The woo is furthered through meditative practices, contemplative prayer, the retraction of untoward attachments. Drugs, we know, can artificially induce a sense of intimacy with the porosity, (en)force a chemical patience, making the doors of perception seem purged. The body being bruised to pleasure the porosity, this is not the patience of the true “yes.” The porosity too must be purged. Breathing with measure – this can help begin the emptying of mind of determinate contents. Sensory deprivation: closing the eyes, retracting into floating darkness – this awakens the idiotic prior to the aesthetic. Woo: we close our eyes on darkness when we kiss or are kissed. (Mystic comes from muein. Muein: to shut the eyes, to stop the mouth.) There can be mystical tinges to certain intense physical activities: dervish dances; long-distance running – not alone the body, but the soul too might get its second wind – breaking through the barrier of pain into another zone, effortless in full effort, calm in absorbed agitation, beyond suffering in suffering.

William Desmond

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God, Analogy, and the Metaphysics of Participation

by Robert Fortuin

There’s an interesting post over at Tom Belt’s Open Orthodoxy blog—“Lost in Translation” (part 1 and part 2)—which developed into a conversation about a conversation. The post and the subsequent comments concern a topic of great importance. It is difficult to respond in a comment section beyond a few hastily put together sentences (and without the column width of replies to narrow to an inch—why? are we out of space??) so I thought it would be better to create a slightly more substantial contribution here (thank you Fr Kimel!). Let me briefly summarize the problematic of “Lost in Translation.”

Tom’s post presents a dialogue between himself and interlocutor “Webster” (who subse­quently outed himself as Jeff, ha!) about what precisely is conveyed when we speak about God. How does theological language capture meaning? Can we claim to know anything at all about God, and if we can, then how do we come about such knowledge? The problem that confronts us is that the God of theism classically conceived is not an ordinary subject, a discrete object which can be defined, measured, conceptualized. God cannot be classified to belong to any genera. Yet to truly communicate, for words to convey meaning and value, we need to do just this—to define, measure, and compare, and thereby to communicate mean­ing and value. Jeff’s complaint is that analogy makes meaning so slippery that no explaining power is left in the words Tom uses to explicate meaning in regards to God. God “cares about” and “loves” people, but evidently not in the way we are ordinarily use these words (hence Tom’s use of quotation marks). But what then DO these words mean then? The objection Jeff raises strikes at the heart of analogy’s claim as to its ability to establish true knowledge about God. No trivial matter.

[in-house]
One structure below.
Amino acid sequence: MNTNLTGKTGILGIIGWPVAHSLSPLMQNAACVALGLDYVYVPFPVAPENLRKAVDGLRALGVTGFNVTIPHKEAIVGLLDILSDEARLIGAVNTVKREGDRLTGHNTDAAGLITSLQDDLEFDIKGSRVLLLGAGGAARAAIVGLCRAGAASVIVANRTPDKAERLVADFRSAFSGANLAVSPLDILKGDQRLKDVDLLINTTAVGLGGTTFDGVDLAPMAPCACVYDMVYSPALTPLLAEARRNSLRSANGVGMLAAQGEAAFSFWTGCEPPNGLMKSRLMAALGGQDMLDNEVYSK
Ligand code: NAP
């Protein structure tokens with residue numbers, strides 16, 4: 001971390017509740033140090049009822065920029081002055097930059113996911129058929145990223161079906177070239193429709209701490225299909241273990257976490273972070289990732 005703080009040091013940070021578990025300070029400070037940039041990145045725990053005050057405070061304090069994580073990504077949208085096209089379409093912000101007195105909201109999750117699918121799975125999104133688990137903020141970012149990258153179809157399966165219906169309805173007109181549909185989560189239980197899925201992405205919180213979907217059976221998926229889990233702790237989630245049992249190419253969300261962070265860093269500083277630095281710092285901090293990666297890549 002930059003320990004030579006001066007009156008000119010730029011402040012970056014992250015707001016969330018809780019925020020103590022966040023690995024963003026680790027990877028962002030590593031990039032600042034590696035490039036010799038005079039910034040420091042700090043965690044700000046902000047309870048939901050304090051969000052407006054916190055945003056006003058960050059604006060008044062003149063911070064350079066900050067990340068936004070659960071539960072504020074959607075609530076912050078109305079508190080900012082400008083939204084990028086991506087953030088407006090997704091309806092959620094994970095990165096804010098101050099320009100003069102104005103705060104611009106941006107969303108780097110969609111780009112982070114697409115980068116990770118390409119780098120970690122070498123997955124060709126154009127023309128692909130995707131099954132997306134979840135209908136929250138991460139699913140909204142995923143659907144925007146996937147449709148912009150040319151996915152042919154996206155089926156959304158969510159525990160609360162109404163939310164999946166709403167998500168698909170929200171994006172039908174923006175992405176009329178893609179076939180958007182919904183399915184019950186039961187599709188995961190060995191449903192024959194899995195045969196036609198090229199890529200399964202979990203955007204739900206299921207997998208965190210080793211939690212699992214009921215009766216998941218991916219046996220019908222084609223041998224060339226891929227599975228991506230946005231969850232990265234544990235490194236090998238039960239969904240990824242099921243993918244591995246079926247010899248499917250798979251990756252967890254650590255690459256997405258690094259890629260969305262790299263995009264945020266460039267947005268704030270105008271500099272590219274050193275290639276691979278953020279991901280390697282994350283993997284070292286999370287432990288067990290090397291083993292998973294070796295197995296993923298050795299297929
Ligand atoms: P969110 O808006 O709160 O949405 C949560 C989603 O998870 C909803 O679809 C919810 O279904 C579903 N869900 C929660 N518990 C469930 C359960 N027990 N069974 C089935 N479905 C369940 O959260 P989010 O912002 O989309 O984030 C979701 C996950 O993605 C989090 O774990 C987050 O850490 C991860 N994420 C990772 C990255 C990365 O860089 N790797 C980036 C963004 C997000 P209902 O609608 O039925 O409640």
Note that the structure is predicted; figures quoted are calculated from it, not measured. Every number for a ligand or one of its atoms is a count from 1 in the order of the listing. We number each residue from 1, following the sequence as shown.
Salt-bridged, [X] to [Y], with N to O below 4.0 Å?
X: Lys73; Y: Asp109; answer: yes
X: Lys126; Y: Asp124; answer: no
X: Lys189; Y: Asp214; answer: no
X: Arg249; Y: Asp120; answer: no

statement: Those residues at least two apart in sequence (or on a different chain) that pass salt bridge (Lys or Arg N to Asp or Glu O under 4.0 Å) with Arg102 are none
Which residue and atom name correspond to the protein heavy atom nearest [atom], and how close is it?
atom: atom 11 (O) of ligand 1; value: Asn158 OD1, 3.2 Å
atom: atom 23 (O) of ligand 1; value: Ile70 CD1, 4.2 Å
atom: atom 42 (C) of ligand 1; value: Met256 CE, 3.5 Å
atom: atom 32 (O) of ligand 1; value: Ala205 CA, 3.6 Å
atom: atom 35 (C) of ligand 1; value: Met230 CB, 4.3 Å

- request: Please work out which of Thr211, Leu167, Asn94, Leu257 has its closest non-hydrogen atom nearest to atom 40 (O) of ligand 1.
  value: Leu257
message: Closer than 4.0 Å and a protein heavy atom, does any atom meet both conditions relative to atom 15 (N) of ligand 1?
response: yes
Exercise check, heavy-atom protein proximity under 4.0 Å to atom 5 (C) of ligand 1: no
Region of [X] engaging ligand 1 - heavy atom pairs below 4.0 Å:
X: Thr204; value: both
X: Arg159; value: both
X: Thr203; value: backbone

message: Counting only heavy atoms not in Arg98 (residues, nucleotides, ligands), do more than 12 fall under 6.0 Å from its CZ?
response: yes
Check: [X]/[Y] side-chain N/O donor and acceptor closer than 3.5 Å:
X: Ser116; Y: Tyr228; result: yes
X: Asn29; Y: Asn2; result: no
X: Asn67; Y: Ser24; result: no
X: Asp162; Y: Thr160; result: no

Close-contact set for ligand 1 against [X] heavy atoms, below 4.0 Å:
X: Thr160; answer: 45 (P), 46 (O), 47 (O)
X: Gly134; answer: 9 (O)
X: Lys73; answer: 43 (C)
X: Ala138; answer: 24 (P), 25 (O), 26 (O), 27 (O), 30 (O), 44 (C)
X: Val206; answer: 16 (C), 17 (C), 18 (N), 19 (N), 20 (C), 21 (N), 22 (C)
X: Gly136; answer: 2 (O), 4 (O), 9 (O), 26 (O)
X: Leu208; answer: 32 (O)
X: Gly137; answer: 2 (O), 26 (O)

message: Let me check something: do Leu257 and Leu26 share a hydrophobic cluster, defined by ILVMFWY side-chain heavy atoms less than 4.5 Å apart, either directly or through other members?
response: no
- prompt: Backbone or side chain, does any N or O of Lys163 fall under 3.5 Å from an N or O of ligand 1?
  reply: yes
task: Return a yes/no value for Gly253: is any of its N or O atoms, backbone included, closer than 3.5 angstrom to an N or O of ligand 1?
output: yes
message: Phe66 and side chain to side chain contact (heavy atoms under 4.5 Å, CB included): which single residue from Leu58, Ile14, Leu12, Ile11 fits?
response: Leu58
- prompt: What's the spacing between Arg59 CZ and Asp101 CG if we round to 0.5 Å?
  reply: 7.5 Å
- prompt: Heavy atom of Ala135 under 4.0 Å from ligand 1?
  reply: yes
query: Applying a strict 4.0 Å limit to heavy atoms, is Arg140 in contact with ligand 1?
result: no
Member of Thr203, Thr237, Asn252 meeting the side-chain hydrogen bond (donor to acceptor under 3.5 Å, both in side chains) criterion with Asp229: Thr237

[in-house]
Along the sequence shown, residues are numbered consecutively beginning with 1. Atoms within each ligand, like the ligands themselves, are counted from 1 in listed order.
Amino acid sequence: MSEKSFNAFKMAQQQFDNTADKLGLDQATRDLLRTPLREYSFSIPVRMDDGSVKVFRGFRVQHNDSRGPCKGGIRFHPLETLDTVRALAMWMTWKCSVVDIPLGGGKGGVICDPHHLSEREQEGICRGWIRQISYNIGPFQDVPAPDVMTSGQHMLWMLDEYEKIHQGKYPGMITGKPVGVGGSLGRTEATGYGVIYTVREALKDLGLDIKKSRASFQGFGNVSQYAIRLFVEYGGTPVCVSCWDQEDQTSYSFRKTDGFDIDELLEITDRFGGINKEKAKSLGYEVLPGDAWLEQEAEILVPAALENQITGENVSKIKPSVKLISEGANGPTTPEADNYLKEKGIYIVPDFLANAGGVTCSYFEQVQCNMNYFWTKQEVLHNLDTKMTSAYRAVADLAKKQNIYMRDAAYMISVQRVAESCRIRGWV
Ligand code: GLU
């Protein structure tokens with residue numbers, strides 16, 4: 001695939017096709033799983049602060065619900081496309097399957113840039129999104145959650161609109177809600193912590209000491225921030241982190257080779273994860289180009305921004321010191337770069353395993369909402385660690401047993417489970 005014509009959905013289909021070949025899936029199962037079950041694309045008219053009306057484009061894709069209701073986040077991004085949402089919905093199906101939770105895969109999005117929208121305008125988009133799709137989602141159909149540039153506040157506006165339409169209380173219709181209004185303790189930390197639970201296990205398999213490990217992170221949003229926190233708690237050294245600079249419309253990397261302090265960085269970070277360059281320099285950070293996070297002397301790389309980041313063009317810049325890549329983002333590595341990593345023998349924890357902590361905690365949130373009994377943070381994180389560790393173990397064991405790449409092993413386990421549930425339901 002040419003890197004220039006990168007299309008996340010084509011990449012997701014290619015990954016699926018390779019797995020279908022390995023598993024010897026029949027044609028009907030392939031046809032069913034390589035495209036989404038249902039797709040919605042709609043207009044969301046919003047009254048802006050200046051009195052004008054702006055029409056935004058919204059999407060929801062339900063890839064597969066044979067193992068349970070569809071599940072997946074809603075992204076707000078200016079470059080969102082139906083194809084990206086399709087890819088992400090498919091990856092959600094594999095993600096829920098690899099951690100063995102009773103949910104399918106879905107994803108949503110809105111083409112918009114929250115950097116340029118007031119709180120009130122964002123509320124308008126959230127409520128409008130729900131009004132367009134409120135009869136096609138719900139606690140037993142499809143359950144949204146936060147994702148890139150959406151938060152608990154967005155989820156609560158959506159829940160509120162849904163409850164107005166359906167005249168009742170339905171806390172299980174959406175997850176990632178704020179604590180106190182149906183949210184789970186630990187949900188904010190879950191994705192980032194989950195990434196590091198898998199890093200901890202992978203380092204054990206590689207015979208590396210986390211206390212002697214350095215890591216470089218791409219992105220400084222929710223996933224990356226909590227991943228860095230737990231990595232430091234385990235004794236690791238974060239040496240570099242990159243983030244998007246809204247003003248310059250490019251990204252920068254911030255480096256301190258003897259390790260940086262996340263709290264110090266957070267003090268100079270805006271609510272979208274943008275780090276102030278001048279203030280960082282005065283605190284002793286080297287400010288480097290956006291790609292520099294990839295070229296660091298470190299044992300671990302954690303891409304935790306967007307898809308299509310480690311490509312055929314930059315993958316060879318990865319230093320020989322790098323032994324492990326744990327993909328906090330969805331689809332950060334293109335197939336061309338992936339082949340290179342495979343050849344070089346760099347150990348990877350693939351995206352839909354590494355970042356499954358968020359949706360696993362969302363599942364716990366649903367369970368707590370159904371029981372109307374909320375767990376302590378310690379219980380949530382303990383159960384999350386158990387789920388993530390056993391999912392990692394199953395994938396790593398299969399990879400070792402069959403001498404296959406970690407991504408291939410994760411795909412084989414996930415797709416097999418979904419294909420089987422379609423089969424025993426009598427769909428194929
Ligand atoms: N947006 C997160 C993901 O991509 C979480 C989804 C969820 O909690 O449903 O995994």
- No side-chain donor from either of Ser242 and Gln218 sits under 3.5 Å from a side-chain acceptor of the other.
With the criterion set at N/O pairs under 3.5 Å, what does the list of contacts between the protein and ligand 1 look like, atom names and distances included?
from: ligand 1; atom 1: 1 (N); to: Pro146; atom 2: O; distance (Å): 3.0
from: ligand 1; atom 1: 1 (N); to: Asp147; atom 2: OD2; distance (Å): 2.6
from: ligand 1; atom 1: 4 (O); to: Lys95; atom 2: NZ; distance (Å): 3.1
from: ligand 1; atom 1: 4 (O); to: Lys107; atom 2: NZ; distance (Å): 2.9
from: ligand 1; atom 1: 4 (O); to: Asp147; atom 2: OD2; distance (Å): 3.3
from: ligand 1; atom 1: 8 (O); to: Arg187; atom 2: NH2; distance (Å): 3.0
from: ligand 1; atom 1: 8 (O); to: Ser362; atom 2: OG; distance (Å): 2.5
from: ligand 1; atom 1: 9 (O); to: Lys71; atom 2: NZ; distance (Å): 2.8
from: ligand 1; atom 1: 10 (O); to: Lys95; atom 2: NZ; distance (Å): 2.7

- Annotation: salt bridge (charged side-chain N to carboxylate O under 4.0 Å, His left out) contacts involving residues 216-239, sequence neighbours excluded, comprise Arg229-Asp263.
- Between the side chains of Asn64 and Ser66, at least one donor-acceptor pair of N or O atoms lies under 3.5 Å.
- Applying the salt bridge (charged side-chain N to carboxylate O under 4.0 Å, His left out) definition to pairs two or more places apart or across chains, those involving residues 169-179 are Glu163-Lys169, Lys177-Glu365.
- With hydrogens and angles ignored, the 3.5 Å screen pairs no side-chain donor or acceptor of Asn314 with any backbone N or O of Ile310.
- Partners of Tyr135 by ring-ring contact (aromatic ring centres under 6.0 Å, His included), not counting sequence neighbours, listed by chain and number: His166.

A secondary issue was raised by Tom as to how one goes about establishing meaning by way of analogy. Asks Tom, “What are the actual steps one takes to establish (for us creatures) the meaning of a term like “person” or “love” within a larger infinite distance?” The chief prob­lem here is the issue of the ‘always larger dissimilarity’ by which any likeness is to be held in check. To state it in the words of the Fourth Lateran Council, “between creator and creature there can be noted no similarity so great that a greater dissimilarity cannot be seen between them.” This appears to denote that the greater (infinite no less!) unlikeness cancels out any notion of likeness. Silence is the only appropriate stance—under the immense weight of the infinite interval of dissimilarity our ability to affirm cataphatically has collapsed to ruin. Was this the beginning of an incipient nihilism, a consequence of what the likes of Aquinas and the bishops of the Lateran council meant by analogy?

Such a conclusion would only hold if the doctrine of analogy is taken out of its metaphysical context, and if analogy is understood to be primarily a method to provide us with knowledge about God. As important as theological language theory may be (and it is, don’t get me wrong), it is far too often imagined to be a discipline which creates its own picture of reality. But it makes a lot more sense to consider language as dependent upon and proceeding from metaphysics: that is to say that the question of the possibility of meaning depends in large on the nature of reality envisioned. Theological language of analogical predication can only function correctly insofar it is considered in the light of metaphysics, in particular a meta­physics of participation.

To that end here are few of the main tenets of the metaphysic of participation that must be brought to bear in any consideration of analogy, and in order to understand how and why analogy functions as a pillar of classical theism. Time does not permit to develop supporting arguments, so these will be presented in the form of assertions: